If you're one of the 800 million employees who can expect to have their jobs taken over by robots by 2030, now might be a good time to look over those company policies regarding severance. There might be protections in place that will keep you from moving into the poor house even if you do find yourself out on the curb.

What Is Severance?

Severance is an employee benefit paid to workers who are laid off or terminated for matters unrelated to their job performance. Is your department being eliminated? You might get a severance package. Fired because you stole from the company? Or quitting to live your dream of #vanlife? Sorry, severance is likely not in the cards.

Who Gets It?

In general, companies aren't required to provide severance packages, and most employees do not have a legal right to a severance package when their employment ends. When companies do offer severance packages, it's not just to be nice. Severance agreements can help reduce an employer's legal liability, and as such, many companies will offer severance packages regardless of whether they are required to do so. Check your company's policy or the employee handbook to find out what's on offer.

When to Negotiate

There are two good opportunities to negotiate a severance package, Jaime Klein, founder, and president of Inspire HR, told Refinery29: At the beginning of the road, when you're hired, and at the end.

Bringing up severance during the hiring process is a little like asking someone to sign a prenup; it's a delicate subject at best. These days, though, with so many industries on shaky ground, Klein says it's usually okay to ask once an offer has been extended. After the layoff, remember to be polite and have a rationale for your negotiation request.

Remember: If your workplace is unionized, you will likely be able to negotiate better severance policies, and your right to do so is legally protected.

What Can You Expect in a Severance Package?

Severance packages usually include some form of payment based on length of employment, typically one to two weeks for each year you were with the company. It's given as a lump sum or paid over a number of weeks or months. Your severance agreement should also include any accrued but unpaid PTO or vacation pay.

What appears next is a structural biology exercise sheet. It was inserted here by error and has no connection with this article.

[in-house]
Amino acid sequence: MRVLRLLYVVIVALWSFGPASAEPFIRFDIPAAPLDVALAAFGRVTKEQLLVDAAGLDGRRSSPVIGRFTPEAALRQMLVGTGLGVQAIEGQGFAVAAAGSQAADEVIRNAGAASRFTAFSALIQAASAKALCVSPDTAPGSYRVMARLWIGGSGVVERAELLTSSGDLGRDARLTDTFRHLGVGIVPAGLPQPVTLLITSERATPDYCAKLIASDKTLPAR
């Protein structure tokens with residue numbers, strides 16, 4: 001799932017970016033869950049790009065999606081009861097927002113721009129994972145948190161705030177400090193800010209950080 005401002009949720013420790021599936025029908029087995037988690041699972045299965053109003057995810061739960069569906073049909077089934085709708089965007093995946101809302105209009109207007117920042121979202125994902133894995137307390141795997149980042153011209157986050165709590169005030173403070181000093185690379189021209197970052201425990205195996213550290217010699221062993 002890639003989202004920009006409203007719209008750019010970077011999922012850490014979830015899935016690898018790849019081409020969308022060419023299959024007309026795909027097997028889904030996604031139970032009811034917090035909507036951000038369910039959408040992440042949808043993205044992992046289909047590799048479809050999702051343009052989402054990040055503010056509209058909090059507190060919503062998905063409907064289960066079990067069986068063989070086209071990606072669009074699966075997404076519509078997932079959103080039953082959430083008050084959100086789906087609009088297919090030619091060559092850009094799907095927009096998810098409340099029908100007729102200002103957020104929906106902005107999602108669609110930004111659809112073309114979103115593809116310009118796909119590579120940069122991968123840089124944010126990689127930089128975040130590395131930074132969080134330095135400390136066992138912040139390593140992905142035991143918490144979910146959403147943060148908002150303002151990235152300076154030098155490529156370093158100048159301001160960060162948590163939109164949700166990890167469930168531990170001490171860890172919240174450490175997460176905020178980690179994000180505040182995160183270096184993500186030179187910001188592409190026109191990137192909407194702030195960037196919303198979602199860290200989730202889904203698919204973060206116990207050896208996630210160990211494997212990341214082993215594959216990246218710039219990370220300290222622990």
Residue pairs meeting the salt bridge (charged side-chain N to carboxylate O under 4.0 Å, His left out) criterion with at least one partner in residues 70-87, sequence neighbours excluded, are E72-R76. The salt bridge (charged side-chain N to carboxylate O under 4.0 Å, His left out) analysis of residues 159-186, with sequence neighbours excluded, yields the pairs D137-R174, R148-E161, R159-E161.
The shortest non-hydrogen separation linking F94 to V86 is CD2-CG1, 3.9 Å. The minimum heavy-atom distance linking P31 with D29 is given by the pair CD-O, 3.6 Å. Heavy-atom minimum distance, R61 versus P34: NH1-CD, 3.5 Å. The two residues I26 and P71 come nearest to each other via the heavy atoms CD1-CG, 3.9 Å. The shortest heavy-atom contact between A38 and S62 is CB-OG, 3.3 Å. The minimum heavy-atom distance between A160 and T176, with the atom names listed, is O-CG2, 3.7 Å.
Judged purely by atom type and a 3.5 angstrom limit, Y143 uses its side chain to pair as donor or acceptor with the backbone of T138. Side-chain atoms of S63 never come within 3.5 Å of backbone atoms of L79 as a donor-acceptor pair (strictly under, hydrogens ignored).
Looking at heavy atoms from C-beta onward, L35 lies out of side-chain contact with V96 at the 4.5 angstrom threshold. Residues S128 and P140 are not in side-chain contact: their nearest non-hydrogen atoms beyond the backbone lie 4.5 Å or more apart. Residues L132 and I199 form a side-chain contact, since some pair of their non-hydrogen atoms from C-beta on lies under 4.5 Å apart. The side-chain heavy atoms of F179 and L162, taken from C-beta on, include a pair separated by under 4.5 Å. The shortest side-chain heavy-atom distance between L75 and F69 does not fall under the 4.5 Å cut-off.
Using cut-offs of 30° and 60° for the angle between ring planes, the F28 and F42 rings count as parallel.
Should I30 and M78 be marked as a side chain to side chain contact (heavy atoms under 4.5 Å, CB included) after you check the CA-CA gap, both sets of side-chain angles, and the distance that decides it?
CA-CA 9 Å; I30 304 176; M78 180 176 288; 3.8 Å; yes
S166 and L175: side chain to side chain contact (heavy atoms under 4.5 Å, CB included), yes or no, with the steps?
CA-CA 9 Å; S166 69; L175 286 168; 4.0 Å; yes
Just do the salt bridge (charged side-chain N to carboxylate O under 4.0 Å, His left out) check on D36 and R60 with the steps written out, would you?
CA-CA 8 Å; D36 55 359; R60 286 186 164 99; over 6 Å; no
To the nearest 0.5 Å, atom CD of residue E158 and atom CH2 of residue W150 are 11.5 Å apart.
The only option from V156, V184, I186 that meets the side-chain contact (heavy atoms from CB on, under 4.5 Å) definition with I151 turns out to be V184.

Under the Consolidated Omnibus Budget Reconciliation Act of 1995 (COBRA), a terminated employee is entitled to continue medical/health coverage under the company's plans for up to 18 months after termination (or up to 29 months if the employee is disabled). These premium payments are your responsibility (Sound no bueno? See "What Else Can You Ask For?" below.).

You might be asked to sign a non-disclosure agreement (NDA) as a requirement to benefits like severance pay and COBRA. More on that below.

What Else Can You Ask For?

The agreement isn't cut and dry, notes Richard Harruch on Forbes, and there are a number of things you can ask for:

Can you get the severance in one all-cash lump sum upfront, instead of spreading it out over time?

Can the severance pay also include any partially or fully accrued but unpaid bonus?

If the severance pay is the continued salary for some period of time, does the continuation pay continue even if the employee gets a new job?

Can your employer cover the COBRA payments for anywhere from 6-18 months?

If your termination is a result of a "change in control" of the company (like a merger or other acquisition), you might successfully argue that the severance pay should be greater. But be aware that such change in control payments could rack up a 20% excise tax on the employee.

Go over any non-compete clauses of your severance or hiring package with special attention to geography, scope of the agreement, and duration. Many employers will be open to narrowing the scope of this after a layoff.